The Best Studio Monitors For An Edit Suite
Every now and then I need to buy a new piece of equipment for my edit suite, which often kicks off a fairly long research process to make sure I’m about to put my hard earned cash into exactly the right thing, and with the best value for money. Right now I’m looking to get some new speakers, or studio monitors, for my edit suite. Being able to hear your sound mix accurately is crucial, and for too long I’ve been using less than ideal equipment.
My first port of call was to email a few friends who have some serious audio expertise – composers and sound designers that I know, to see what they would recommend, which produced a mixed bag of the following suggestions. I’ve included the price, per monitor, so you can get a sense of the range.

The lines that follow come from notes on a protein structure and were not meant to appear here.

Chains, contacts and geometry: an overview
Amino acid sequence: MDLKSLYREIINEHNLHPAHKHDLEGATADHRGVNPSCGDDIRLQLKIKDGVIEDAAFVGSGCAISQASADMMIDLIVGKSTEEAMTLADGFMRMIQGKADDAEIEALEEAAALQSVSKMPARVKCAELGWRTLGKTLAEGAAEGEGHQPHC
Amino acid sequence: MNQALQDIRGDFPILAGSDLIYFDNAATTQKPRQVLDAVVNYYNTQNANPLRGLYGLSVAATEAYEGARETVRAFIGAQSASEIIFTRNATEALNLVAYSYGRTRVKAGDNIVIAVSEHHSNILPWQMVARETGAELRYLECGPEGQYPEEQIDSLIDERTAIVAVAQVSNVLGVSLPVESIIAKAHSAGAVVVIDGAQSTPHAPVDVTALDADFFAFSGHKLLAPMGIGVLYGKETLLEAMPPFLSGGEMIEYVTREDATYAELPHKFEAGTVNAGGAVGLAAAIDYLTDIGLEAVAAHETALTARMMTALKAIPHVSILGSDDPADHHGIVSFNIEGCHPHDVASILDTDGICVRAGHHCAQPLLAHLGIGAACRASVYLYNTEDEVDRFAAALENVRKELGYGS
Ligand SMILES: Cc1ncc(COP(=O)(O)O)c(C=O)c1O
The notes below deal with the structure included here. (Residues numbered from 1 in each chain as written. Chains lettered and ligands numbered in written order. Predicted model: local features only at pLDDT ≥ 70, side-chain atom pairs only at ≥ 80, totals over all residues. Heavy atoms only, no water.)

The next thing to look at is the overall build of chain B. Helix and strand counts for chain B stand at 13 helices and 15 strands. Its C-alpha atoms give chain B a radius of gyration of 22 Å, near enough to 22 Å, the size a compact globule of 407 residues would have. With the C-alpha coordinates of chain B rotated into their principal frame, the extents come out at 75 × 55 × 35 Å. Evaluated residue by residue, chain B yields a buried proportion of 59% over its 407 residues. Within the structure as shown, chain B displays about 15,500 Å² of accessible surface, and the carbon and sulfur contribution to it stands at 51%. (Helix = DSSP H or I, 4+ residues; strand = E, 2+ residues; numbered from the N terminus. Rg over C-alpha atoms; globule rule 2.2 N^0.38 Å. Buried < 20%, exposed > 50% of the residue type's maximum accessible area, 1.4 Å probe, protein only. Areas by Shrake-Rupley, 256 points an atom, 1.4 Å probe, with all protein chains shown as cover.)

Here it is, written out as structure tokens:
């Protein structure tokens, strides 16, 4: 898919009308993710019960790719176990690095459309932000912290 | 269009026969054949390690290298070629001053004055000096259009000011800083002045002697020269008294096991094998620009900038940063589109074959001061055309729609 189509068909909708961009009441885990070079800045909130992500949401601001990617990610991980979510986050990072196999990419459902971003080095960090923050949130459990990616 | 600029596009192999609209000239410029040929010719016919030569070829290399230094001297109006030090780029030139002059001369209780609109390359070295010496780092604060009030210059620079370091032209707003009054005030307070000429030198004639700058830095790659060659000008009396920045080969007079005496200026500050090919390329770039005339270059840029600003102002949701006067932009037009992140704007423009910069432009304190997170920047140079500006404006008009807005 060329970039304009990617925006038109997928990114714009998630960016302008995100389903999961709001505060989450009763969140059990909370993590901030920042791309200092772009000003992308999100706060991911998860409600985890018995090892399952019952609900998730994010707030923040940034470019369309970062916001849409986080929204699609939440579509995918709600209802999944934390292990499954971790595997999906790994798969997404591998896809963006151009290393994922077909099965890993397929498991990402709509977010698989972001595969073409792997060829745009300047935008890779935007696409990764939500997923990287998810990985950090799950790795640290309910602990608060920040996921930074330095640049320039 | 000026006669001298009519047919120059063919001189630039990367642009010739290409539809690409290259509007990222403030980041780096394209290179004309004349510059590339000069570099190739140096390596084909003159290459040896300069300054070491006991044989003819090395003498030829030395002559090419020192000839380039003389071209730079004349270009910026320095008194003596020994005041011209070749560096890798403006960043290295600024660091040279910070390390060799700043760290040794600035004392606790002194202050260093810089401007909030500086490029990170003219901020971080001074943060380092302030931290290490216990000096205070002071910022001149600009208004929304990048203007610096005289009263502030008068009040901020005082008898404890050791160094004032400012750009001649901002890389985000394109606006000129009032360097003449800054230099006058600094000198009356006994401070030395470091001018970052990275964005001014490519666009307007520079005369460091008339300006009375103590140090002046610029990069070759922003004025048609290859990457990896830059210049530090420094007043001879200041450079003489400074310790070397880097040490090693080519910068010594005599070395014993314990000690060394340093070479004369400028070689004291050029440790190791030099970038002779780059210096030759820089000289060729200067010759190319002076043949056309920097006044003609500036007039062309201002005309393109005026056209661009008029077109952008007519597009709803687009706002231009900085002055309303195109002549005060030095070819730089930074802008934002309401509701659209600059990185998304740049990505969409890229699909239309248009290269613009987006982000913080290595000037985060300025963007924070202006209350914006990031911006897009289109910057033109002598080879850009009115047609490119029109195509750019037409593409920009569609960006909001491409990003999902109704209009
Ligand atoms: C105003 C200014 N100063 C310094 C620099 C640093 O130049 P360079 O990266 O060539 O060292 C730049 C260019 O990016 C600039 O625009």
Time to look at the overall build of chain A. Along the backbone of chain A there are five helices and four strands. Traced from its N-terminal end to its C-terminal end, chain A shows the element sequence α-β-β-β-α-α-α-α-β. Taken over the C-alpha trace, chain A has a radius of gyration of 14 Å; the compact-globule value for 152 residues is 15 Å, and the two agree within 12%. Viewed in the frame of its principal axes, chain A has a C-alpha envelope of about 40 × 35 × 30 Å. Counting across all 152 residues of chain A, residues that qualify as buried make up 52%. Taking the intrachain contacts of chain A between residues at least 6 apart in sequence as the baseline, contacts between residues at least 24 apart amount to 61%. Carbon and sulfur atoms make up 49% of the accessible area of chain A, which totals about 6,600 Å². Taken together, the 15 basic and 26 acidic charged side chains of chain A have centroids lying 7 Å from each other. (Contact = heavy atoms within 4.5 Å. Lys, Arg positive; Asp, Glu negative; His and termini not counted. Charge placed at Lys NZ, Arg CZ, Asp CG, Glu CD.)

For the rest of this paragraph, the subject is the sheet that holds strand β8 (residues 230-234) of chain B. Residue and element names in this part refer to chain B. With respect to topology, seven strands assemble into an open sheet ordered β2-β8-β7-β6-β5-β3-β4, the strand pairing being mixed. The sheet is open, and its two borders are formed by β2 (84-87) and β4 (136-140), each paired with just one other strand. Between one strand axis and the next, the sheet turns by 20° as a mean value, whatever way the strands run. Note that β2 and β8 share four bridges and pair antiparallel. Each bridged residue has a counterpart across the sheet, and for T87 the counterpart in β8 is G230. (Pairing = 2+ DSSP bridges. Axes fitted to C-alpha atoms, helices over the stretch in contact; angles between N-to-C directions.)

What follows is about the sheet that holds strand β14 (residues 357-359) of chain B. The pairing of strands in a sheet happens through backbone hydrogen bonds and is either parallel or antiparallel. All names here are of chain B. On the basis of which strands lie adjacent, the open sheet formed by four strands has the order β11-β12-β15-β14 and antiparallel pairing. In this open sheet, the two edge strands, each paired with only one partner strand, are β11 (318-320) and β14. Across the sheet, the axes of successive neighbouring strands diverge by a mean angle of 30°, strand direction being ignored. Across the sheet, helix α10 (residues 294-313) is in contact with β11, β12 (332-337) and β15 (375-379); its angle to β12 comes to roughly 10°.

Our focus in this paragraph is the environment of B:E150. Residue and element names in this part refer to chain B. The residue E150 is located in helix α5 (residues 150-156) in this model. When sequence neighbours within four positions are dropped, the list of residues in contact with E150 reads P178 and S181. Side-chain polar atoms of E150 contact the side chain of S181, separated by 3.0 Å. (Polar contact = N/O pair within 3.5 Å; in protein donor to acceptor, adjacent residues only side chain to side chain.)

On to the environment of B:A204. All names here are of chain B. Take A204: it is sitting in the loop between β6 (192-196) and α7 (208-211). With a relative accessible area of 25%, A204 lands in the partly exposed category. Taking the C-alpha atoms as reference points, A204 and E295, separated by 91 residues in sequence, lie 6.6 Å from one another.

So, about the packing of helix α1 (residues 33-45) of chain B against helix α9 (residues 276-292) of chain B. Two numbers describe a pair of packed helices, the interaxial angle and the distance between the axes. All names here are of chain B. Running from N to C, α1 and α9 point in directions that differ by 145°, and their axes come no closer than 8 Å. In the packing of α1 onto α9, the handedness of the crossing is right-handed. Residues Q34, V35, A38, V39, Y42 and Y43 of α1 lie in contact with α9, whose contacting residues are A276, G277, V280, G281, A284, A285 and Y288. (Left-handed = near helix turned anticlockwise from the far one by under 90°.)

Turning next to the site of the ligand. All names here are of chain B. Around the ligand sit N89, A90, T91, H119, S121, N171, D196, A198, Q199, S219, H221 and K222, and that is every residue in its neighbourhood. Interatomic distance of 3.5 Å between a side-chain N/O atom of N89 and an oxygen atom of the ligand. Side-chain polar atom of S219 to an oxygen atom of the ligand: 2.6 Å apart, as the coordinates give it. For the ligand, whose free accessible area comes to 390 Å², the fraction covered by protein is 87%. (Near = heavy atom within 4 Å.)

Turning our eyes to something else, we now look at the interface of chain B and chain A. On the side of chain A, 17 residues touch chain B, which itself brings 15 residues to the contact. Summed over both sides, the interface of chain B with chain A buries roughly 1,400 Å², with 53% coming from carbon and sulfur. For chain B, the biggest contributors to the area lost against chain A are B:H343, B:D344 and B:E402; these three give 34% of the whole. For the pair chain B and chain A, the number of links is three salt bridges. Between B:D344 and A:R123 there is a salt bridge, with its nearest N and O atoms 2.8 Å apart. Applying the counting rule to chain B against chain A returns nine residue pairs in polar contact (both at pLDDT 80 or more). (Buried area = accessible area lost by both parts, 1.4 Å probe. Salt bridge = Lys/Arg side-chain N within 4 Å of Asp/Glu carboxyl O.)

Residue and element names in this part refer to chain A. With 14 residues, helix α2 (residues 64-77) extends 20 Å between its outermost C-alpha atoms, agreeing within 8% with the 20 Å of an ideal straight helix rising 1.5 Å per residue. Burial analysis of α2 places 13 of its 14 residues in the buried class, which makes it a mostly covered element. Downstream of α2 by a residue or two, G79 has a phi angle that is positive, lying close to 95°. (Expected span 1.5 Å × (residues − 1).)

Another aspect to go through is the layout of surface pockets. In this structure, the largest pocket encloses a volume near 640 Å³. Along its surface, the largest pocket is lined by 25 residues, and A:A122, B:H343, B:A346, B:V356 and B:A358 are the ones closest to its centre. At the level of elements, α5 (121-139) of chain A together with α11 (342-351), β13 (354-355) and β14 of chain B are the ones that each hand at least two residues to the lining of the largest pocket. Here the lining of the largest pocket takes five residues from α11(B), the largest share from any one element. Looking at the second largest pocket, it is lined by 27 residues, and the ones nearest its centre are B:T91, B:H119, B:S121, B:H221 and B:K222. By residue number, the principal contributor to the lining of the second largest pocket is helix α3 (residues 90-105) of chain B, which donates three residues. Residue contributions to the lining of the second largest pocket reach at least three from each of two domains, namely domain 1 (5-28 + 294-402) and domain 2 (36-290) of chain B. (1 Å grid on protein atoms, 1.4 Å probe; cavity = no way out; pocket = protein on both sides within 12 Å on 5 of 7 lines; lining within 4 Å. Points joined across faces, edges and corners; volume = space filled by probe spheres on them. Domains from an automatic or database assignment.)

How To Pick Speakers for Your Edit Suite
As with anything to do with either colour grading or audio post you can take these things the nth degree. Are your walls of your grading suite the exact shade of grey they should be? Is the shape and size of your room modified with correctly placed acoustic panels? And on it goes.
For my purposes I’m just after some pretty decent monitors, that will fit on my shelf and into my mid-level budget and give me decent, accurate, sound for a good few years to come. But I’m not building a home mixing studio to a professional standard.
So what do you need to know when picking a set of decent studio monitors for your edit suite? Here are a few key things to understand…
Active vs Passive: Active have the amplifier within the speaker enclosure, which will be matched to the speaker’s characteristics, and so need power. Passive don’t need plugging into the mains but do need a separate amp.